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Five Million Australian Visas Set to be Issued this Year

Friday, 24 April 2015

More than five million visas are set to be issued by Australia this year, a new record due to an increase in students and short term workers, it has been confirmed.

More young people than ever before want to study in Australia, up to 1.9 million foreigners want to work in the country and tourism is also on the rise.

Overall it means that Australia is dealing with immigration on a scale not seen since the Second World War, Department of Immigration Secretary Michael Pezzullo said in a speech at the Australian National University.

It is estimated that as many as 1.9 million foreigners are likely to be in the country at any one time over the course of 2015 and the number of traditional permanent migrants is also surging, with this year’s intake likely to surpass the existing record of 185,000, which was set in 1969.

It means extra challenged for the department but Pezzullo said; ‘We face no less a set of challenges than our predecessors did in the aftermath of the Second World War’.

He explained that there has been a rapid shift in the ethnic composition of new migrants away from Europe towards east and southern Asia. The number of Chinese-born Australians has more than tripled to almost 450,000 in the space of two decades and those born in India has risen more than four-fold in that time, to almost 400,000.

Those numbers compare to about 1.2 million born in Britain and more than 600,000 in New Zealand, as part of an overall foreign-born population of 6.6 million. The huge influx means a higher proportion of the population was born overseas than at any time since the gold rushes of the 19th century.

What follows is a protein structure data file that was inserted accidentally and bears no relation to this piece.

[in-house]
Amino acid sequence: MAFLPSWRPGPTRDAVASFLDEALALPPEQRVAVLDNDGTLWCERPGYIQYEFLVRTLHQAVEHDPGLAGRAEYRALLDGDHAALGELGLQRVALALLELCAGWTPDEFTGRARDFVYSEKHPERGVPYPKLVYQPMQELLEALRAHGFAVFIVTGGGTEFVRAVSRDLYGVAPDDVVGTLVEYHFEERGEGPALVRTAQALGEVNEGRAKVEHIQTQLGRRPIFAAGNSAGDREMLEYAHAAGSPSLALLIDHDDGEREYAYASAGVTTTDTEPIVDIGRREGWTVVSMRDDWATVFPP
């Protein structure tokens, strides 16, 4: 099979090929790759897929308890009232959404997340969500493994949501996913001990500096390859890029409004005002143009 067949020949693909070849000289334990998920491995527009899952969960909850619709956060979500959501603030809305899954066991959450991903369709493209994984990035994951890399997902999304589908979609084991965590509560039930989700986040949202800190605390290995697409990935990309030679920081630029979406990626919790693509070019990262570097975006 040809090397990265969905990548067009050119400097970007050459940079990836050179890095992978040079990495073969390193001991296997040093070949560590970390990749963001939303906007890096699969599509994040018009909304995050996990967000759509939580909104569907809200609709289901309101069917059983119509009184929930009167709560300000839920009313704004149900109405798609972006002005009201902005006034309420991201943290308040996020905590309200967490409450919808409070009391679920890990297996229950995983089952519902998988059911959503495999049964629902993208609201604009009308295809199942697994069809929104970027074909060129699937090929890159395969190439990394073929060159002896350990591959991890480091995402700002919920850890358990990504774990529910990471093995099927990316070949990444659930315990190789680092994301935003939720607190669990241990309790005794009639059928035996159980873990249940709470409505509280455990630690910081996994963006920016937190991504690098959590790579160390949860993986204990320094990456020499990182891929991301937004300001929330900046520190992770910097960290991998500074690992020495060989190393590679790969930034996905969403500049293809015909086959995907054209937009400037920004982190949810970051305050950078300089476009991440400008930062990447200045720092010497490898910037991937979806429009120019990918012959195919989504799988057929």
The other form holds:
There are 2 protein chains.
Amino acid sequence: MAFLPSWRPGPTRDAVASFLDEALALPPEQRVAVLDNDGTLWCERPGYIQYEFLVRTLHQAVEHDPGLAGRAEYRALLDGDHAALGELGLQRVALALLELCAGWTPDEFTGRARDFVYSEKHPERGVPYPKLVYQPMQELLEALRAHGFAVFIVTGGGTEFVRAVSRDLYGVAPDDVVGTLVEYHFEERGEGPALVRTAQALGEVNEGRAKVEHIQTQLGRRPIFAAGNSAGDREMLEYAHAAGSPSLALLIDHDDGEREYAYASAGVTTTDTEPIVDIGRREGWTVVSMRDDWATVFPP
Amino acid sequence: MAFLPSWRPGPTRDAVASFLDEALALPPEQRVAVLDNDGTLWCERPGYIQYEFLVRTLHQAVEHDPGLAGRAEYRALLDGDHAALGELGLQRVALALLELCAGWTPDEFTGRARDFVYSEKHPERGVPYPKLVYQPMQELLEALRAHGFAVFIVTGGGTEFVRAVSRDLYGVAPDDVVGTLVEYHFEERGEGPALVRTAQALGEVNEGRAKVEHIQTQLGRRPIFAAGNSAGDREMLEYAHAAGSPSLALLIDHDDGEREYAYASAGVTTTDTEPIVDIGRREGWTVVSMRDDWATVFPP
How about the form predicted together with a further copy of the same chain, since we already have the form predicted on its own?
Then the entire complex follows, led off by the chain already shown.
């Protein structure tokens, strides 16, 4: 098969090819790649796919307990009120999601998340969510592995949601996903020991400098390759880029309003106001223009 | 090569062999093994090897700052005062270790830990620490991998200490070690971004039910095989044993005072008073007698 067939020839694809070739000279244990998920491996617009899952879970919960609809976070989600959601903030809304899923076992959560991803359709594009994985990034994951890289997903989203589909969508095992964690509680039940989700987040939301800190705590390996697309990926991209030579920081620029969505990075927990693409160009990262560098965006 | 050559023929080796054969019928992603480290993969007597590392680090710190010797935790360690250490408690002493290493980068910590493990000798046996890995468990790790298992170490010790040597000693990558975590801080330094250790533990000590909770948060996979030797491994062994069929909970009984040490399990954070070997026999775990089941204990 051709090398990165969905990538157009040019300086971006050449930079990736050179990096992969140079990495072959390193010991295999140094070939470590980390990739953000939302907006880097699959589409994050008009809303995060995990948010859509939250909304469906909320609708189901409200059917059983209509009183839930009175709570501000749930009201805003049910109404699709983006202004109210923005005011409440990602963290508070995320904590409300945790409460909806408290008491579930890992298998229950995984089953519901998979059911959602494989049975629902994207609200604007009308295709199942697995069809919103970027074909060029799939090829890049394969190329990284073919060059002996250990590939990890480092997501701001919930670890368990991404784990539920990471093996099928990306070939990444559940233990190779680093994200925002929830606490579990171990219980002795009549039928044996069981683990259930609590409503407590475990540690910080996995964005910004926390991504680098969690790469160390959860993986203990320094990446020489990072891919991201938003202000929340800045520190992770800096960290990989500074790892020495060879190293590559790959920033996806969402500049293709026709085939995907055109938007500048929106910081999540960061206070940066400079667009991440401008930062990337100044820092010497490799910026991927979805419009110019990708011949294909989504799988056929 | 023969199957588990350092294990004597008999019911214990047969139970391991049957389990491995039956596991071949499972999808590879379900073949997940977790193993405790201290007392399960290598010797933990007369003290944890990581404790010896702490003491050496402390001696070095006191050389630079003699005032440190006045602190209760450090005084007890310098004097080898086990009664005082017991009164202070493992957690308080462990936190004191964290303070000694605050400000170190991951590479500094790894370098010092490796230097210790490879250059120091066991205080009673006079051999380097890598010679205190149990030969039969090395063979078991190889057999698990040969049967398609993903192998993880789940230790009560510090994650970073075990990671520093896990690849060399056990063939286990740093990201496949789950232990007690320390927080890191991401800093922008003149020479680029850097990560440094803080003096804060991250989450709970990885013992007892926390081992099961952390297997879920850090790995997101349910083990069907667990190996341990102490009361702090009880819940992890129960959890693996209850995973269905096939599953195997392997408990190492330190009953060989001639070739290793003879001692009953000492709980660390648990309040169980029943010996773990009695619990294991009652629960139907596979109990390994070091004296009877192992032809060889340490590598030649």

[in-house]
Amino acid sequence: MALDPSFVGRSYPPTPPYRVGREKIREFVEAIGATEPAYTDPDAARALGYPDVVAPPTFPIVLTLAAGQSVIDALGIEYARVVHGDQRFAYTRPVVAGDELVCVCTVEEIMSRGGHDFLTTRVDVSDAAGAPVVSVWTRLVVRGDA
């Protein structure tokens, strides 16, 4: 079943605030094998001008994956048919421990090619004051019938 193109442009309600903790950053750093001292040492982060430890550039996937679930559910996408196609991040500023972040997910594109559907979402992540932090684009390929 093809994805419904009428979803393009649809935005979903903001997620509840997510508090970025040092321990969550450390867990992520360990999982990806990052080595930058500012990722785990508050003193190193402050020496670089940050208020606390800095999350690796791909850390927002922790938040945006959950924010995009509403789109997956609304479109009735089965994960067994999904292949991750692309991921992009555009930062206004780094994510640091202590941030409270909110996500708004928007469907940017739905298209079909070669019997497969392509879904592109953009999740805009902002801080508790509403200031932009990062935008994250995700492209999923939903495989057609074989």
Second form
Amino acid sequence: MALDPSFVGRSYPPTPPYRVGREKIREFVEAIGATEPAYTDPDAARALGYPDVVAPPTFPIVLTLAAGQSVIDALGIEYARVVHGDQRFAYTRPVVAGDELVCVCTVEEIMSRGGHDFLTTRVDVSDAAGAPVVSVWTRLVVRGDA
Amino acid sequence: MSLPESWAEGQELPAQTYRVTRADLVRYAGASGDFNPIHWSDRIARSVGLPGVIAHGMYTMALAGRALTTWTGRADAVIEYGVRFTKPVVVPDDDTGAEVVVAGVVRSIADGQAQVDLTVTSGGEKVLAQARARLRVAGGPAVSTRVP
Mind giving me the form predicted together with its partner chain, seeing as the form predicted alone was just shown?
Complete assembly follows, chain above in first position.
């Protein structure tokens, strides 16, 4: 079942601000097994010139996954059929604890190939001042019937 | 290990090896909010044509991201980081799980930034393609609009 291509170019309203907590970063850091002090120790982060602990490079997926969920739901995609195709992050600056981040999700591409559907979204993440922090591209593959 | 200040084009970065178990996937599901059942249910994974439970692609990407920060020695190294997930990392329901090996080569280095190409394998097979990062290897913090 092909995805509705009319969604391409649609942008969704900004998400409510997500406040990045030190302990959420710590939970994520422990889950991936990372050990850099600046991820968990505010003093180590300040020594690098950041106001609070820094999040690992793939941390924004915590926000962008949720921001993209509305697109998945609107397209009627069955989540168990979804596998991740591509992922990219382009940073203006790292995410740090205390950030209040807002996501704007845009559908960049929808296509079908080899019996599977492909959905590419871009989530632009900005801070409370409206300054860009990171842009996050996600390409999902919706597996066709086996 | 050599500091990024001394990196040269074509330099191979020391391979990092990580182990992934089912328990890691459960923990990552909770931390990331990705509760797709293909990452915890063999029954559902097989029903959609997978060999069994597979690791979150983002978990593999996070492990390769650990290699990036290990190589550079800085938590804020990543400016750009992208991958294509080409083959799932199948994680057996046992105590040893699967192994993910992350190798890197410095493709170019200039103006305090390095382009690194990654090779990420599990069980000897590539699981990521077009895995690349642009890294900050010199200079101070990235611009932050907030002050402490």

‘This is equivalent to a migrant to population share of almost 28% and the composition of that population is changing in ways that we could never have imaged,’ he added.

Pezzullo said there has been a profound increase in skilled migrants which needs to be carefully managed to meet the country’s economic needs. ‘If a nation’s immigration programme is well crafted and targeted, and migrants enjoy high levels of economic participation, as distinct from high levels of social exclusion and welfare-dependency, immigration has beneficial impacts,’ he explained.

These, he said, include growth in the demand for goods and services; increases in national income, and living standards; improved labour participation; expansion of the economy’s productive capacity; and growth in household consumption and public revenues.

 He also explained that new challenges on migration means that the department has to have ever improving capabilities for real time data fusion and analytics, intelligence based profiling and targeting of high risk border movements.

‘Such capabilities will increasingly allow us to minimise our interventions in relation to low-risk border movements, and concentrate our firepower where it can make the most difference,’ he told the audience.

Source: Australia Forum

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